Kids rarely experience severe illness from COVID-19, though 655 children have died because of COVID-19 related illness, according to the Centers for Disease Control and Prevention. About two-thirds of those deaths were among nonwhite children, according to the COVKID project, a site focused on the pandemic’s toll among children.

A 17-year-old Philadelphia girl died last week after contracting COVID-19.

» READ MORE: Alayna Thach’s family speaks about COVID-19 death of 17-year-old: ‘How is this possible?’

Outreach from groups like Stanford’s, hospitals, and the Philadelphia Department of Public Health have made inroads building trust among Black and Hispanic communities. BIPOC populations often are less connected to the health-care system for reasons that include poverty, lack of transportation, and distrust of health-care systems due to a history of mistreatment and racism. With 69% of Hispanic Philadelphians receiving their full course of doses, the group is the second best vaccinated in the city overall, after Asians. That population’s vaccination rate is so high due to Asian advocacy groups and the city coordinating clinics in Chinatown and providing multilingual resources. Black vaccination rates, now at about 61%, have steadily increased since this summer. About 63% of white Philadelphians are vaccinated.

Philadelphia’s communities of color have been initially hesitant toward getting vaccinated, but results of the vaccination efforts show this reluctance can be countered through conversations and answering questions, health care experts said.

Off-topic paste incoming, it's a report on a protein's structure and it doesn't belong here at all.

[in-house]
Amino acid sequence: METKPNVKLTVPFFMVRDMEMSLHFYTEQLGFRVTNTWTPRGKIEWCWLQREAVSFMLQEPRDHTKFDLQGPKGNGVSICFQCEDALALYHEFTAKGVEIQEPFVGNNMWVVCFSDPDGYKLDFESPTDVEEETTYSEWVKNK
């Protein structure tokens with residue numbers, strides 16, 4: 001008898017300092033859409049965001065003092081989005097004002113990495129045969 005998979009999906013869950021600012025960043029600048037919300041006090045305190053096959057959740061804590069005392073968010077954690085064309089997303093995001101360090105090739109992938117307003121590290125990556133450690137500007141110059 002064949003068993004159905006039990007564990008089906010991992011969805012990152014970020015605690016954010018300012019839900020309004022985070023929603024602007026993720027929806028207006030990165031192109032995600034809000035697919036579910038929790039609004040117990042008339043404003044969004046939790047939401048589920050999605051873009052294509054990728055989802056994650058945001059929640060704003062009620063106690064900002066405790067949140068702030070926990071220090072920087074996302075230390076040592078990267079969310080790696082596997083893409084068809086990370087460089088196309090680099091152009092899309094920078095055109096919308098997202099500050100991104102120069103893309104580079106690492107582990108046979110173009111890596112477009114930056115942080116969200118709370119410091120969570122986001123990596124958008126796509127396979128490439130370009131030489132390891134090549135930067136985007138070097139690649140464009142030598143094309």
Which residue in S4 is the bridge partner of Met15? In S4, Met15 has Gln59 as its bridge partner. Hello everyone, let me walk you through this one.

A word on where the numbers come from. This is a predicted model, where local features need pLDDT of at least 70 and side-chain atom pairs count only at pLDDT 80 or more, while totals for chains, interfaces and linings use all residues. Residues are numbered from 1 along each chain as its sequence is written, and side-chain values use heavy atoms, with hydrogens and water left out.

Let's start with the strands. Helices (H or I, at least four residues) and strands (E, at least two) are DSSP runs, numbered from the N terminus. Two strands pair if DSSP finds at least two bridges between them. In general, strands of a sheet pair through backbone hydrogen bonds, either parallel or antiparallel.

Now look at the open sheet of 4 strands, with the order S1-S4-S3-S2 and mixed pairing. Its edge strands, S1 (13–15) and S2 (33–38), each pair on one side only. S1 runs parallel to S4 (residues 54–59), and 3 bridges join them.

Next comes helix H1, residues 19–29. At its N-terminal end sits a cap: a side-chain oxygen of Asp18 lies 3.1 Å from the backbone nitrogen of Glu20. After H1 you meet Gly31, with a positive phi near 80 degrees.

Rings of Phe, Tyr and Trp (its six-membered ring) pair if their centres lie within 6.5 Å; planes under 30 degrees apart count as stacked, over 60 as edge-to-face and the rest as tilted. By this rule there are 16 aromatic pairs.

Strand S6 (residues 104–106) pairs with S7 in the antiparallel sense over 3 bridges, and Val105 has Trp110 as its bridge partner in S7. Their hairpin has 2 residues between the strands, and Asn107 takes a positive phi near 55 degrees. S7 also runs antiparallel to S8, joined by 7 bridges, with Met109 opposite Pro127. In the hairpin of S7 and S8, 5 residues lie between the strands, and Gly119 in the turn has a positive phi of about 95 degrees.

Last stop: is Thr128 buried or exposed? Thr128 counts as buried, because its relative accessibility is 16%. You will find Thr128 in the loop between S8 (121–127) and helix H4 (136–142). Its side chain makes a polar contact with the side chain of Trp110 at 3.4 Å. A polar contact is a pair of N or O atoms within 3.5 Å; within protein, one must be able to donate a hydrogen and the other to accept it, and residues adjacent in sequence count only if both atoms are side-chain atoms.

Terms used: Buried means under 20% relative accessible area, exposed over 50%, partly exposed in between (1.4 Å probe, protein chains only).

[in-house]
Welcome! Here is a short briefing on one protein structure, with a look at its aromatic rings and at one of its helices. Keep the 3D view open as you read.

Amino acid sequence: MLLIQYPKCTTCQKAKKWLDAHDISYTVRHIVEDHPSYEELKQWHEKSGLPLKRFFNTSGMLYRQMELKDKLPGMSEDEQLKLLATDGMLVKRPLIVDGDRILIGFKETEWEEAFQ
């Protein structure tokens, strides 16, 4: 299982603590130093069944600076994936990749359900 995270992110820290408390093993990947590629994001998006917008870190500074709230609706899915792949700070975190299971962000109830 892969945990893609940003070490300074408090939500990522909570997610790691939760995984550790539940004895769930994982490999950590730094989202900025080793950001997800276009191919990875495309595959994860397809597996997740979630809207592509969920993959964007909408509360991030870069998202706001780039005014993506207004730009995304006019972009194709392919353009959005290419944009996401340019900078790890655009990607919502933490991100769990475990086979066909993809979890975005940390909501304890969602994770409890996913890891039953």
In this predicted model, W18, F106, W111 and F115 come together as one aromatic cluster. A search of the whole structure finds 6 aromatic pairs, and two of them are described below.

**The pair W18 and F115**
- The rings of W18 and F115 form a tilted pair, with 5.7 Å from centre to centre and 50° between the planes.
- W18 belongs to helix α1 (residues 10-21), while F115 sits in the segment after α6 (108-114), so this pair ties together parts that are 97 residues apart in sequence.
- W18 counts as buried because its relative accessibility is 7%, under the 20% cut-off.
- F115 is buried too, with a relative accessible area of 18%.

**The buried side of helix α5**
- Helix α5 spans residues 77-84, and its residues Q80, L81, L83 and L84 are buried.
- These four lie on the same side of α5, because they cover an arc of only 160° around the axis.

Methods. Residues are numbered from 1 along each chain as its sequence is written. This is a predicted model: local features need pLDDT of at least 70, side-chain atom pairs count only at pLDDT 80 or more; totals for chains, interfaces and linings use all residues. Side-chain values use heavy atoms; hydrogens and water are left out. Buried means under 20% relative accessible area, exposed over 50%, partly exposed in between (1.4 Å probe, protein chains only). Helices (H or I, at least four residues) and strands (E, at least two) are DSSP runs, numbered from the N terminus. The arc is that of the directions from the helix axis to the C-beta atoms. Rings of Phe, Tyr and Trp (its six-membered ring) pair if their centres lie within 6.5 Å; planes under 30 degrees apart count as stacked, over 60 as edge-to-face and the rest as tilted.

“It’s education, it’s time, it’s trust building, and that’s what we were seeking to do,” Stanford said. “And it’s also being permanent and consistently present.”

That process, though, had to start all over again to encourage parents to vaccinate young children.

“You can’t assume that ... what people did for themselves they’ll do for their children,” Stanford said, noting that parents can be additionally hesitant when it comes to their children. “A parent is going to do everything they can to protect their child.”

Among Hispanic families, Torradas said, there remain language barriers to overcome. Emphasizing the obligation to protect relatives through vaccination has proven motivating among Hispanic communities, he said. It’s a message he’s now sharing with children.

“We’re not shy even talking to the young kids as to the collective movement or sacrifice that is getting vaccinated,” he said.

» READ MORE: Latino Philadelphians are getting vaccinated more quickly than any other group. It hasn’t been easy.

Bettina Polite, of North Philadelphia, had no hesitation about getting her children vaccinated, she said at a clinic hosted by the Philadelphia Zoo on Dec. 14, where she got a booster and her two children got their first doses. Her son, Jordan Polite-Garner, 11, has already had to quarantine this school year due to exposure to COVID-19, she said.

“This is put in place as a safety measure for our children and ourselves,” she said of the shots, “so it has to be done.”

Almost 300 children and adults received shots from Children’s Hospital of Philadelphia staff at the zoo. The administration of shots was occasionally punctuated by the screams of children reacting to the sight of needles, not to actual pain.